In the lead up to Christmas my children were super alert to any presents hidden in the house. They paid lip service to the idea of Santa visiting, preferring to play along in case the pipeline of presents dried up. I had to get creative with hiding spaces, especially when they graduated to things on wheels.
We know it’s been a challenging year for non-profits and you’re hunting down hidden revenue opportunities like a beagle sniffs out truffles. Corporate partnerships still present untapped potential but the nature of engagement is evolving as more corporates establish their own foundations. These foundations are tax effective vehicles for corporate giving, allowing them to maximise the value of their own contributions and those of staff and customers. The priorities and focus of corporate foundations vary greatly. They can range from the personal interests of the organisational founder to a deep alignment with the core business. Whatever the motivations, it’s clear that corporate foundations present a fresh opportunity for your non-profit.
What are the unique opportunities in partnering with corporate foundations?
Appetite for longer term investment
Setting up a corporate foundation requires a commitment to giving despite the ups and downs of the economic cycle. Corporates view their giving as a strategic investment, in the way they commit to any other major project. This ensures that the investment is quarantined and protected from short term budget cuts. Your non-profit will be able to secure a longer term commitment than you could achieve by simply tapping into an annual marketing budget.
Decjuba Foundation recently announced a $3.6mln investment in Smiling Mind to fund systemic change in mental health for children. As the Decjuba CEO stated, ‘it is a great fit for the Decjuba Foundation and our commitment to long-term, meaningful partnerships that create sustainable change’. The partnership certainly enhances the Decjuba brand values with customers and staff but goes far beyond the traditional sponsorship funding approach.
Privately owned businesses can leverage their foundations to fund the less sexy or PR worthy causes. Such foundations are often influenced by the personal preferences of the founder and owner of the business and less by the demands of external stakeholders or investors. This enables a greater flexibility to support the smaller organisations without much public profile but doing great work. For example, Kennards Hire Foundation supports a range of educational initiatives for indigenous young people from remote Arnhem Land to country Victoria. Their strategic focus is on disadvantaged young people, tackling the core drivers of disadvantage in the early years. There is additional flexibility for non-profits in dealing directly with decision makers, rather than a large corporate hierarchy.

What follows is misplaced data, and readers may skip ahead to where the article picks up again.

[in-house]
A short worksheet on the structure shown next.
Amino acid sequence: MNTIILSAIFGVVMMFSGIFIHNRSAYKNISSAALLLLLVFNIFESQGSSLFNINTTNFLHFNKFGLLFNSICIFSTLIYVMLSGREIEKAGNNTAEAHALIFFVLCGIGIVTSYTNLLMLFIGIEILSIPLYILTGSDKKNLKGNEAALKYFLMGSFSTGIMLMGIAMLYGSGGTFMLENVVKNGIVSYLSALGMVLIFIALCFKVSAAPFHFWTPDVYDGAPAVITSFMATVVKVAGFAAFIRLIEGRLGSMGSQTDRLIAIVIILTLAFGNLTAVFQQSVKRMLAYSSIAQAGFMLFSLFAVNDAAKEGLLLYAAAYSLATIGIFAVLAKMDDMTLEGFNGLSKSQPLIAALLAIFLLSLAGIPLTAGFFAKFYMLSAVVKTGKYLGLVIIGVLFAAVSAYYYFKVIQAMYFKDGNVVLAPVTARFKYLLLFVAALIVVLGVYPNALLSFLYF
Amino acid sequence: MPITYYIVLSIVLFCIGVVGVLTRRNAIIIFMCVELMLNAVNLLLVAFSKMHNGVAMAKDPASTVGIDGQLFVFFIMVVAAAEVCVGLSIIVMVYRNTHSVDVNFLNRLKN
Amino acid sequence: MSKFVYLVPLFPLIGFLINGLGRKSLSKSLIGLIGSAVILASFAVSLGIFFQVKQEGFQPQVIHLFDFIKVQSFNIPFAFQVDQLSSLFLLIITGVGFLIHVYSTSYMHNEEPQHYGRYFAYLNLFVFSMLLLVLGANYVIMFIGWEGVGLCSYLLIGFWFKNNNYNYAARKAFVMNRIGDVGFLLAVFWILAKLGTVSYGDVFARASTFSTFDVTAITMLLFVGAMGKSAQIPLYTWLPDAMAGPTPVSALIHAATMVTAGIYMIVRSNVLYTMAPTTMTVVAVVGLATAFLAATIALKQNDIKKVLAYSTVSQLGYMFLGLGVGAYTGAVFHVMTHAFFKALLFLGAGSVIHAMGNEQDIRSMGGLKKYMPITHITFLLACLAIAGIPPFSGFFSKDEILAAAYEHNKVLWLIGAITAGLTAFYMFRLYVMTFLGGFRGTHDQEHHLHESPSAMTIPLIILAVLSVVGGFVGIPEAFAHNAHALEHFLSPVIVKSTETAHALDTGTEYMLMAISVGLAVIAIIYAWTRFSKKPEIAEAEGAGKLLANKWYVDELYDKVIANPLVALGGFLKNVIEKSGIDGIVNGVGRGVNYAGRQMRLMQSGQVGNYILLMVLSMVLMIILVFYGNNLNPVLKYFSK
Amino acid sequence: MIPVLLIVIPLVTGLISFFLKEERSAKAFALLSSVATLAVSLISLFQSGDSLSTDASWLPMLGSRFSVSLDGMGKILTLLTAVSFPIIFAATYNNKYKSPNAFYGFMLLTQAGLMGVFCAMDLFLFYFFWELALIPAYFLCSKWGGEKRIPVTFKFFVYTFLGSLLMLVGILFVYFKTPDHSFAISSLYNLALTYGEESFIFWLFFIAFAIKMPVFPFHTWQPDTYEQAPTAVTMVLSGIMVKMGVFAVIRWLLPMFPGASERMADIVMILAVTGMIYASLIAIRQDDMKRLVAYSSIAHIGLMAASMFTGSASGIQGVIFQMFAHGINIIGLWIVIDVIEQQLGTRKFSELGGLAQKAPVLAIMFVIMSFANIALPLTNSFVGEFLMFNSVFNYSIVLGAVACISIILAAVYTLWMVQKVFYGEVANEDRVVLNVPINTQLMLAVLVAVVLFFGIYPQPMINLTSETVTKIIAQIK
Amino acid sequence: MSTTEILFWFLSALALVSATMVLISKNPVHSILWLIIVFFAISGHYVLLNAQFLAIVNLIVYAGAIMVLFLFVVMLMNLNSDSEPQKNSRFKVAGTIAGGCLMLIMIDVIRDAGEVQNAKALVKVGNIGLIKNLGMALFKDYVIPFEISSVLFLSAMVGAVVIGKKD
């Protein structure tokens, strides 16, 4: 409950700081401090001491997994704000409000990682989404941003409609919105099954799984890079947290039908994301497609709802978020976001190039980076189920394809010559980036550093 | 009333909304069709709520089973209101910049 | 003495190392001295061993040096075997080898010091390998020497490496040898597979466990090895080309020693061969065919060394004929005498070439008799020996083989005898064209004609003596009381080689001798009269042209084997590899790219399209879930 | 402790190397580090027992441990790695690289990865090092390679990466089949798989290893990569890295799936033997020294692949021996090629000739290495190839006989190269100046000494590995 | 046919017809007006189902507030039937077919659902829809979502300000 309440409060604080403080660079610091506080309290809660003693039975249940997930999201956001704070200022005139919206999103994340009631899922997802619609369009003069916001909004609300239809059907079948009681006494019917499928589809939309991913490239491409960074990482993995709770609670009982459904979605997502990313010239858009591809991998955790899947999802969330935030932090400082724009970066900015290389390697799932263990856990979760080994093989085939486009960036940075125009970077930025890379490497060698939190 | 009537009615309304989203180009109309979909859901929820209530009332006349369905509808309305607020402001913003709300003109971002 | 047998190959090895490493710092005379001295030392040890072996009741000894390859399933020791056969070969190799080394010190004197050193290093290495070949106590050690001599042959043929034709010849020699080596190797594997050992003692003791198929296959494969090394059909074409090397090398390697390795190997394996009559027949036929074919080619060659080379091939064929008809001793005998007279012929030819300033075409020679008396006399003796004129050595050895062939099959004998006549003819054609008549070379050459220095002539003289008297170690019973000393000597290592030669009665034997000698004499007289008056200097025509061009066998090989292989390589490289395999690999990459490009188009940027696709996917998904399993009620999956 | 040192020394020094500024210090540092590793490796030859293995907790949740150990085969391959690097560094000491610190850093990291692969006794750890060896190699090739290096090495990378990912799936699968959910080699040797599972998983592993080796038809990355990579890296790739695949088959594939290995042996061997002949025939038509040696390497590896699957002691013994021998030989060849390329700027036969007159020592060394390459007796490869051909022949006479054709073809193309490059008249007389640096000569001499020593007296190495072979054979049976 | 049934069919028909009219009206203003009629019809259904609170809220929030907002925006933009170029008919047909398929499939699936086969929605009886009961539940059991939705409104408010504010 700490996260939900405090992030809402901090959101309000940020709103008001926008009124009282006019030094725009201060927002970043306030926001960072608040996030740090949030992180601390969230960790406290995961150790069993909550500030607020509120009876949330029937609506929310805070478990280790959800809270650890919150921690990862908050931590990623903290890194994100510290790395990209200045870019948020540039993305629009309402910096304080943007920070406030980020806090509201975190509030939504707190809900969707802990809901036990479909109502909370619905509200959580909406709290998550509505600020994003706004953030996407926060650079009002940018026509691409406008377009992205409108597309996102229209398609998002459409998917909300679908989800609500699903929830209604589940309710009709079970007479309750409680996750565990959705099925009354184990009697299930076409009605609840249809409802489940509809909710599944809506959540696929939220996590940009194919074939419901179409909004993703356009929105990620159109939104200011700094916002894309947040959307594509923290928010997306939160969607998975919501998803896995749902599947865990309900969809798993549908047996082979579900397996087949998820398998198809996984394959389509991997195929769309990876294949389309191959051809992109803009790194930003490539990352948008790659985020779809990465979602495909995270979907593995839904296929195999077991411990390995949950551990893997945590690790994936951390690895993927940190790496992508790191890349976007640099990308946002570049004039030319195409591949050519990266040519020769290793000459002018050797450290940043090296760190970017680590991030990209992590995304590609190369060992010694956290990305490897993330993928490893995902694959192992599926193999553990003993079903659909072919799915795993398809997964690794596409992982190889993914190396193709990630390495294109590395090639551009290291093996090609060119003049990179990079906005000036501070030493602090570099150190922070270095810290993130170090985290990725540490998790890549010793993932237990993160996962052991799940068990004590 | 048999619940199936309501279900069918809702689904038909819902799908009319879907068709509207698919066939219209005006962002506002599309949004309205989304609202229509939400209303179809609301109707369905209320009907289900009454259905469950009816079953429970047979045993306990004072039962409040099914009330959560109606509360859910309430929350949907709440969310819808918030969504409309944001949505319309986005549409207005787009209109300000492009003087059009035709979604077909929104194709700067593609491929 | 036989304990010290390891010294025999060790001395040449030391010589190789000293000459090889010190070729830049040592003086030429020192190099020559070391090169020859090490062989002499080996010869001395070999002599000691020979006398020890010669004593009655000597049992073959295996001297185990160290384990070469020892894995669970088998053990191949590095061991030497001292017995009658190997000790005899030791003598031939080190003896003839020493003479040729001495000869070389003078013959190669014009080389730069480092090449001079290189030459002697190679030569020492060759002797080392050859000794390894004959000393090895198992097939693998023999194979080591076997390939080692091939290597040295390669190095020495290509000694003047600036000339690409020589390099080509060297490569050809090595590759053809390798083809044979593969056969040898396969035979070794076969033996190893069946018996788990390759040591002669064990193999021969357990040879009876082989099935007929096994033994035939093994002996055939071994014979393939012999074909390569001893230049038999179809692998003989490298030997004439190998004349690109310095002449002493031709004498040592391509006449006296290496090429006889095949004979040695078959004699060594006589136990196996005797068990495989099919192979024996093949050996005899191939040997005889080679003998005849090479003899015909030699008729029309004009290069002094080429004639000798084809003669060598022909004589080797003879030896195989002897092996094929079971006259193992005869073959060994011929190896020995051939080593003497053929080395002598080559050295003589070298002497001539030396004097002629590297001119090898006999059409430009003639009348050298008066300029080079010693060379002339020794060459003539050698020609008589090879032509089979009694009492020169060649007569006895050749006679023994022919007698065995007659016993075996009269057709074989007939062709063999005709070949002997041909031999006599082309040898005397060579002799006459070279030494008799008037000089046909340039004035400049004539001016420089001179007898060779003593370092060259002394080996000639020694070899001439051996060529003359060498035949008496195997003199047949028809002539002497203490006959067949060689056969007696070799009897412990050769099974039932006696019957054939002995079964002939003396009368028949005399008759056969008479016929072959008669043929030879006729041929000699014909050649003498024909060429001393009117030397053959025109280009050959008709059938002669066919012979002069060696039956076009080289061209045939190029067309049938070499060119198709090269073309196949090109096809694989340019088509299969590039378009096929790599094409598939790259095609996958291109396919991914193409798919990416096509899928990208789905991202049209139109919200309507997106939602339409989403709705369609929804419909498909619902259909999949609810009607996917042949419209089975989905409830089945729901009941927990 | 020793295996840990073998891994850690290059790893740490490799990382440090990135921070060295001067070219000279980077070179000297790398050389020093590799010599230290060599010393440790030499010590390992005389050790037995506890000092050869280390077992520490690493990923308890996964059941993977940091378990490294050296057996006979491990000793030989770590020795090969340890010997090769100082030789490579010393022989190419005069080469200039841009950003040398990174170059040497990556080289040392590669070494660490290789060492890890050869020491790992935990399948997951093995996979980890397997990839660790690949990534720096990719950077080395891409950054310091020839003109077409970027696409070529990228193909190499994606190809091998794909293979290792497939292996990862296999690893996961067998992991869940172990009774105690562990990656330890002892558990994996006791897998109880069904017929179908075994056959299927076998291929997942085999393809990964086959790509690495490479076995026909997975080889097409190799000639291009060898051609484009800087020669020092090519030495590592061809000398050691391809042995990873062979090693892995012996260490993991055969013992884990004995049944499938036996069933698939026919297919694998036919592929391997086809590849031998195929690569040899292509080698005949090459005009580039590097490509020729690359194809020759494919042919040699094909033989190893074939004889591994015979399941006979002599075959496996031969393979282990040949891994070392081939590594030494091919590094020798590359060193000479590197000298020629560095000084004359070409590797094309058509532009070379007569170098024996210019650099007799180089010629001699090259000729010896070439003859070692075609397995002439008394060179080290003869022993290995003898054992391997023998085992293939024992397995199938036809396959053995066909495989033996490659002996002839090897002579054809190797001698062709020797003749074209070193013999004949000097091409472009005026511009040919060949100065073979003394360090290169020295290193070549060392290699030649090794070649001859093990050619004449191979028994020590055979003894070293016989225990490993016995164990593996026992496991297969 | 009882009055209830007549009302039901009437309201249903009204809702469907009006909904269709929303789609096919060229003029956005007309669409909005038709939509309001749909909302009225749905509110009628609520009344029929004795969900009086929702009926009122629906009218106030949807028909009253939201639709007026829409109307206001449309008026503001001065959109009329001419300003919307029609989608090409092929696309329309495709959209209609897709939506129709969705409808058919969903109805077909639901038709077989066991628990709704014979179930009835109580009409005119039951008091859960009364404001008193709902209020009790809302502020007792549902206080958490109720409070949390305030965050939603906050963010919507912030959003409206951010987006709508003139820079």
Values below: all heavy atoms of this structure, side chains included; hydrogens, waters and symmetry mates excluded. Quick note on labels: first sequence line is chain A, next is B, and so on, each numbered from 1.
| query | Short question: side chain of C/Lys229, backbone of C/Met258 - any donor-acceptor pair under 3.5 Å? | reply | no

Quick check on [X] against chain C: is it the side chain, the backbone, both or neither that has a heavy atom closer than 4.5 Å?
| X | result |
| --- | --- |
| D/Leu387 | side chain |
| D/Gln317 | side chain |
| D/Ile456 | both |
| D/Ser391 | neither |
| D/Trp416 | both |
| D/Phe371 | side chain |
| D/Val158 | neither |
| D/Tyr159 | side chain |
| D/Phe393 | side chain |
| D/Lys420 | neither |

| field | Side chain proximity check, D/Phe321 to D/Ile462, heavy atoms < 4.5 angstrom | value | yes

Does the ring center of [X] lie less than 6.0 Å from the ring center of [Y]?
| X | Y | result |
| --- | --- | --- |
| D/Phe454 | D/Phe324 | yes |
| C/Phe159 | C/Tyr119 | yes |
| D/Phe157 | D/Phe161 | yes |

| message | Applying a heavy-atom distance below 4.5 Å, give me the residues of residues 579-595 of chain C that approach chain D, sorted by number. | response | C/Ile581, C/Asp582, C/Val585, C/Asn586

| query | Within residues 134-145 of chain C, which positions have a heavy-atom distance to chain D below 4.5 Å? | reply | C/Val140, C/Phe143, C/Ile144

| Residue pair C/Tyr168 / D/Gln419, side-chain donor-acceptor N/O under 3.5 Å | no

Support for grassroots organisations
Corporate partners looking for positive PR will often choose the biggest charity names to amplify and promote their brands. Corporate foundations can take the time to explore grassroots organisations, especially those that operate in similar locations, because they achieve deeper impact with smaller numbers of beneficiaries. Investment in smaller non-profits such as Nawardekken Academy in the Northern Territory or Stepping Stone House in inner Sydney can be transformational for that organisation. Your non-profit may be small and less well-known, but it can be a perfect fit for the strategic goals of the right corporate foundation.
Corporate foundations will often take a strategic view of how they support community partners. A number of foundations employ staff that have previous experience of working in the non-profit sector. They understand the struggles you face and are keen to build your capability, not just fund a program. The Decjuba investment in Smiling Mind is also helping to transform the non-profit’s fundraising capability and put them on a stronger financial base for the future. Foundations want you to succeed and thrive into the future and many are prepared to fund things like evaluation, impact measurement and appropriate staffing. Don’t be afraid to ask for support with building your own capability as an organisation.
Tackling the bigger issues
Corporate foundations typically use their long term investment to explore innovation and new ways to tackle the root causes of your issue. If you work in homelessness, think about the upstream causes not just the immediate fix of temporary accommodation. Foundations are often more interested in solutions for the root causes as the impact will be more sustainable. The Paul Ramsay Foundation recently announced a $5mln investment in job creation for neurodivergent people. It enables participants to take control of their own future and move from disability pensions to valuable employees. Be ambitious, show how you can use your expertise and be prepared to work collaboratively with foundations to create solutions.
Not every corporate foundation is a strategic investor. Some are still obviously driven by short term PR for the business. But the growth in foundations, especially among privately owned businesses gives us hope for a more considered and sustainable approach to non-profit partnerships. When you’re exploring new corporate partnerships and sources of support, watch out for corporate foundations. They could be the hidden present behind the Christmas tree.